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Competition for school board seats intensifies

Summer temperatures in North Kitsap aren’t the only things heating up these days.

While a three-candidate race for the Position 1 seat on the North Kitsap School Board had ensured lively debate and a competitive race last week, Position 3 had only one resident — active Poulsbo schools volunteer Melanie Mohler — apply for the job.

That is, until last Friday.

Matthew Cleverley, a Suquamish resident vocal in many local political causes, has entered the Position 3 race. The Kitsap County Chairman of the Republican Party and a former candidate for the North End Commissioners’ post a year ago, Cleverley has three students in North Kitsap schools, and said his rationale for running was to increase his involvement as a parent.

An attorney by trade, Cleverley mentioned he has substitute teaching experience, and, had he not become a lawyer, admitted he was on the way to earn his teaching credential.

His main goals are to ensure the district is fiscally responsible and to encourage innovation in the classroom.

The district must be not only financially solvent but also work to make certain that as much of the budget as possible is going to the children and teachers in the classroom and “... not supporting (an administrative) bureaucracy,” he commented.

He is also concerned with enrollment in the schools as Kingston and Poulsbo continue to grow, and ensuring the new high school in Kingston is built on time and on budget.

As the current chair of the Marine Science Society of the Pacific Northwest — the former tenants of the currently defunct Marine Science Center — and an enthusiast for Suquamish Elementary School’s “Basket Marsh” wetlands project, Cleverley also wants to see increased innovation for greater learning opportunities.

“I’m hoping I can bring in new energy and new excitement that will help the board in continue to go in the right direction,” he said.

Mohler, his opponent, filed last Monday. A six-year member of the Poulsbo Junior High School leadership team, she decided to file so she could take her volunteering efforts a step further. Her goals on the school board would be to increase opportunities for district graduates and ensure a smooth transition as North Kitsap moves to a K-5, 6-8 and 9-12 grade level configuration with the addition of Kingston High School in 2007.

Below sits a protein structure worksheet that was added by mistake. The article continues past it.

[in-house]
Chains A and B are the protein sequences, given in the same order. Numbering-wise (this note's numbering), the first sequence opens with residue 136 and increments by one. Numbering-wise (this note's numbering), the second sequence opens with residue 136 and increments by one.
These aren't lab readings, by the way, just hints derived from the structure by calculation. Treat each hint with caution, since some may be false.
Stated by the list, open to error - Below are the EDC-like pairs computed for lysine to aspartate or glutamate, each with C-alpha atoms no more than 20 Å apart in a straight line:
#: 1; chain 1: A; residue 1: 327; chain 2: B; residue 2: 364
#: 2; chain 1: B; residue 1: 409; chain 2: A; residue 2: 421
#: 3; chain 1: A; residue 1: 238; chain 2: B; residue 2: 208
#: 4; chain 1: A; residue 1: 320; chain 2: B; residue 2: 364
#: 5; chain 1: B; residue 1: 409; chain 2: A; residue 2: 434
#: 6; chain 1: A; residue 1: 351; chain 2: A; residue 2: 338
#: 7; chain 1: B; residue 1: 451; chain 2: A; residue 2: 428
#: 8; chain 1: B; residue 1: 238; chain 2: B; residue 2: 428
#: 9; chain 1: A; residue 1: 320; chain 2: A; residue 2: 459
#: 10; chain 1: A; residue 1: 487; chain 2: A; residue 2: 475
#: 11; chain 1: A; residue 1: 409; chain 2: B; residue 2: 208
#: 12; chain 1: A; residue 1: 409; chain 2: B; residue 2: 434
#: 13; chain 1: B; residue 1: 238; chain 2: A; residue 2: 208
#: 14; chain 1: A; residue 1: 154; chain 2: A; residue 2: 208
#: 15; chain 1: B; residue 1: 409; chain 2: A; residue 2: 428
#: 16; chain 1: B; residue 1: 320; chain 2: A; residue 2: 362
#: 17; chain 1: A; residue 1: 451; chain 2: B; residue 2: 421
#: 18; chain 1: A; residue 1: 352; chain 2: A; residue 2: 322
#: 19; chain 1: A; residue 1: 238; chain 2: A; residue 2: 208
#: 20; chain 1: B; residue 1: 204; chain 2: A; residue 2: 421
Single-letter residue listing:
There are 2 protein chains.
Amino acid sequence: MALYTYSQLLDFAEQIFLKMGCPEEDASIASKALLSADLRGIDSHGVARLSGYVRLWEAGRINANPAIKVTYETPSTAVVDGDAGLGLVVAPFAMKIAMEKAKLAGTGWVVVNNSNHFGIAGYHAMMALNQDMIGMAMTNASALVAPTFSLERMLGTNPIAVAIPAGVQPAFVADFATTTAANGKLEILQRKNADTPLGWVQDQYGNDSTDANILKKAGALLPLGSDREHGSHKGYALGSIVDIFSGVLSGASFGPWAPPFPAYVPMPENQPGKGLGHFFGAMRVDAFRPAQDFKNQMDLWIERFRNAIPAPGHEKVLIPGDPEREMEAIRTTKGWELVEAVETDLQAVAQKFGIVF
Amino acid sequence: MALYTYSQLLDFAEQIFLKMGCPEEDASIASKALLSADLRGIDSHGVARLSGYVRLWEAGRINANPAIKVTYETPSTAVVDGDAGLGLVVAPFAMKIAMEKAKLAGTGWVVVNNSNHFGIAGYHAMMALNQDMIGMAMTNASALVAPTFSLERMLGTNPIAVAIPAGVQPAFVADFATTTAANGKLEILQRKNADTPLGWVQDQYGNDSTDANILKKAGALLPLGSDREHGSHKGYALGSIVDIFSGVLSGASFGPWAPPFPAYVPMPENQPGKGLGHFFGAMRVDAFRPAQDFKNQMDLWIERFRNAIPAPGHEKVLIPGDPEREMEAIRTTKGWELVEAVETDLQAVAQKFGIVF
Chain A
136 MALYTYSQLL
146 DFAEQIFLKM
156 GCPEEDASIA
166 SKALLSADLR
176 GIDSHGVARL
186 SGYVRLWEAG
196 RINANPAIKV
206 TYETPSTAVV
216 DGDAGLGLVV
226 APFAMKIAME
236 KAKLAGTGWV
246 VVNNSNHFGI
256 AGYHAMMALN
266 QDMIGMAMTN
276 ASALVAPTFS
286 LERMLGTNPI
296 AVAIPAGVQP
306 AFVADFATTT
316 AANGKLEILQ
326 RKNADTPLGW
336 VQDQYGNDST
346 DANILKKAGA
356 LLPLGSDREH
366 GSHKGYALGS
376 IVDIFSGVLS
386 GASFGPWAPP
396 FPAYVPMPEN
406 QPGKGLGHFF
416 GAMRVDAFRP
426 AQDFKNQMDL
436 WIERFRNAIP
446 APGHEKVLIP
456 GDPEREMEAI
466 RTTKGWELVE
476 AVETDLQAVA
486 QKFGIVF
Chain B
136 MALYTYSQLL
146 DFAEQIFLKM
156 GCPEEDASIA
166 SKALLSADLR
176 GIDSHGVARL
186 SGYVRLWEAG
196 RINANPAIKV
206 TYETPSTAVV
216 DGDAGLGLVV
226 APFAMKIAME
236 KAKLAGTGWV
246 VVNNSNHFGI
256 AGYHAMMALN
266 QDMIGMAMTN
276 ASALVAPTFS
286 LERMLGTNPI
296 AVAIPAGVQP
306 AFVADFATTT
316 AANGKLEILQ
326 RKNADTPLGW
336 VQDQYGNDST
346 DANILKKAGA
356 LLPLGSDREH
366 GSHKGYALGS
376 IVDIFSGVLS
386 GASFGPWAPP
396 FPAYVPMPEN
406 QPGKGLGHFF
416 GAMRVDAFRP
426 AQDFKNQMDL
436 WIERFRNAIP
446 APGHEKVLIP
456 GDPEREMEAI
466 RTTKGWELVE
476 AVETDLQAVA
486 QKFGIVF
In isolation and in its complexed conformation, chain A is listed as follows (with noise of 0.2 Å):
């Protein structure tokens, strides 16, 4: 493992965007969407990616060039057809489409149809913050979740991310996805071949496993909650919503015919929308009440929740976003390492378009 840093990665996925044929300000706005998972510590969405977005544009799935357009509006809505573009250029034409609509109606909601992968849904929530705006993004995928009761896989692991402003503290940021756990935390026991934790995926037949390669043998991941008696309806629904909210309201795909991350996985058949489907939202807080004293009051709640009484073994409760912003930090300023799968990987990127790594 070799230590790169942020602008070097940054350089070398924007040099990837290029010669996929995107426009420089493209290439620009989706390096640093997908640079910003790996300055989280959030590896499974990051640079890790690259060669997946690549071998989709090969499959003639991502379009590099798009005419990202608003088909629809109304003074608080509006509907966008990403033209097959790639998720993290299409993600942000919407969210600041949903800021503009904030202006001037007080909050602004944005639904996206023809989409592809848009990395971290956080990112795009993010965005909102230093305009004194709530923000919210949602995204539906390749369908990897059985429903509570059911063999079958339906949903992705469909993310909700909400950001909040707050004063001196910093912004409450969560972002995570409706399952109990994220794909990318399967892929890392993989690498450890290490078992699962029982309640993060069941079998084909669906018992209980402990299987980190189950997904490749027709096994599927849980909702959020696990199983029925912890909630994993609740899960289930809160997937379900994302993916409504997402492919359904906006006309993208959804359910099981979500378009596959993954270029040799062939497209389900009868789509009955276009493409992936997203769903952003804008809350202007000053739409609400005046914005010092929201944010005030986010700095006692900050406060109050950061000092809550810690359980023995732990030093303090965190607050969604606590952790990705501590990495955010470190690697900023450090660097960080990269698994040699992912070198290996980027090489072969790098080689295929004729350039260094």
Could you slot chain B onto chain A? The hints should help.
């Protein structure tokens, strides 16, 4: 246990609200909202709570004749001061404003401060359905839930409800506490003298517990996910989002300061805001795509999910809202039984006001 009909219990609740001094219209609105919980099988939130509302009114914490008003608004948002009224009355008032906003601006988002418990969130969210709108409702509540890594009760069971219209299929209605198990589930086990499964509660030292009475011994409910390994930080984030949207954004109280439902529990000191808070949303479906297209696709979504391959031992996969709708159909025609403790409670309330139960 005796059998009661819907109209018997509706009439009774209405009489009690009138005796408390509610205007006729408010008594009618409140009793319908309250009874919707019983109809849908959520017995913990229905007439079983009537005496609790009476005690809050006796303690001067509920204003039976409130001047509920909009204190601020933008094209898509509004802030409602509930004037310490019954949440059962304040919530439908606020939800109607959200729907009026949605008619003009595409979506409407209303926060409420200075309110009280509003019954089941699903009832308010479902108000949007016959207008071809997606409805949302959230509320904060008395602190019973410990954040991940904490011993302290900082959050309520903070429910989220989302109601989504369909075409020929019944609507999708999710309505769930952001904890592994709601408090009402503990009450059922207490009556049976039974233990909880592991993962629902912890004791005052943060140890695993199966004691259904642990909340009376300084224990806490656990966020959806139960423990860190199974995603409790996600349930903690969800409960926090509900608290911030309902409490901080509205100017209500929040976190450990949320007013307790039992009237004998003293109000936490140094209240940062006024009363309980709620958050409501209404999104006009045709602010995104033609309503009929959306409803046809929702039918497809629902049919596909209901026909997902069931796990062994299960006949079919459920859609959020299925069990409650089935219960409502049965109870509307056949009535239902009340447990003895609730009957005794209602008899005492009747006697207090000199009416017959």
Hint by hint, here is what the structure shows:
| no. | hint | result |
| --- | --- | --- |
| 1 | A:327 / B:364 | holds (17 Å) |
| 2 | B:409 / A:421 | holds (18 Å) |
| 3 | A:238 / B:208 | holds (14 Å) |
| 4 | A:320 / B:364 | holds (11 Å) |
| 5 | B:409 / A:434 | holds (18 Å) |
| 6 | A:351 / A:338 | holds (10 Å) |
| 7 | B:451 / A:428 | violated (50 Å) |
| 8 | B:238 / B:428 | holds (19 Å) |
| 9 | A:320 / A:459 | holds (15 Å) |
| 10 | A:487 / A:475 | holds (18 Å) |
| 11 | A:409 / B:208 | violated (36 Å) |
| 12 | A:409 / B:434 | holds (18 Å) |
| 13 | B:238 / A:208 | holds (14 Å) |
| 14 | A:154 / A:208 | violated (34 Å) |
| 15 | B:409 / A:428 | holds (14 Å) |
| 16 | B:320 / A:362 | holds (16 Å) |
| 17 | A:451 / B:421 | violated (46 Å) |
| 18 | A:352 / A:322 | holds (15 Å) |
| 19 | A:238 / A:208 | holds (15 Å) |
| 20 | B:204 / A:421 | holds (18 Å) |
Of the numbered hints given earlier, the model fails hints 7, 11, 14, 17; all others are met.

While the candidates may face a tougher election season due to multiple entries in each race, the two retiring school board members see competition as a good thing.

Current Position 3 holder Bethany McDonald, who ran unopposed for her seat in 1997 and then against an opponent in 2001, said much can be gained from having a two-candidate race.

“I think there’s a great benefit for the community to have choice,” she said. “It strengthens the whole process. And it allows for greater clarity on the issues.”

Twenty year Position 1 seat-holder Dick Endresen, having been through five school board elections, said he’s certain that “the more (candidates), the merrier.”

Three candidates — retired Navy veteran and current substitute teacher Tom Anderson, travel consultant Brian Maule and Poulsbo detective Grant Romaine — have lined up to take his seat.

“At school board level, I think it’s important because it gets various points of view out there for the public to hear,” Endresen said. “It generates more community interest in the school system.”

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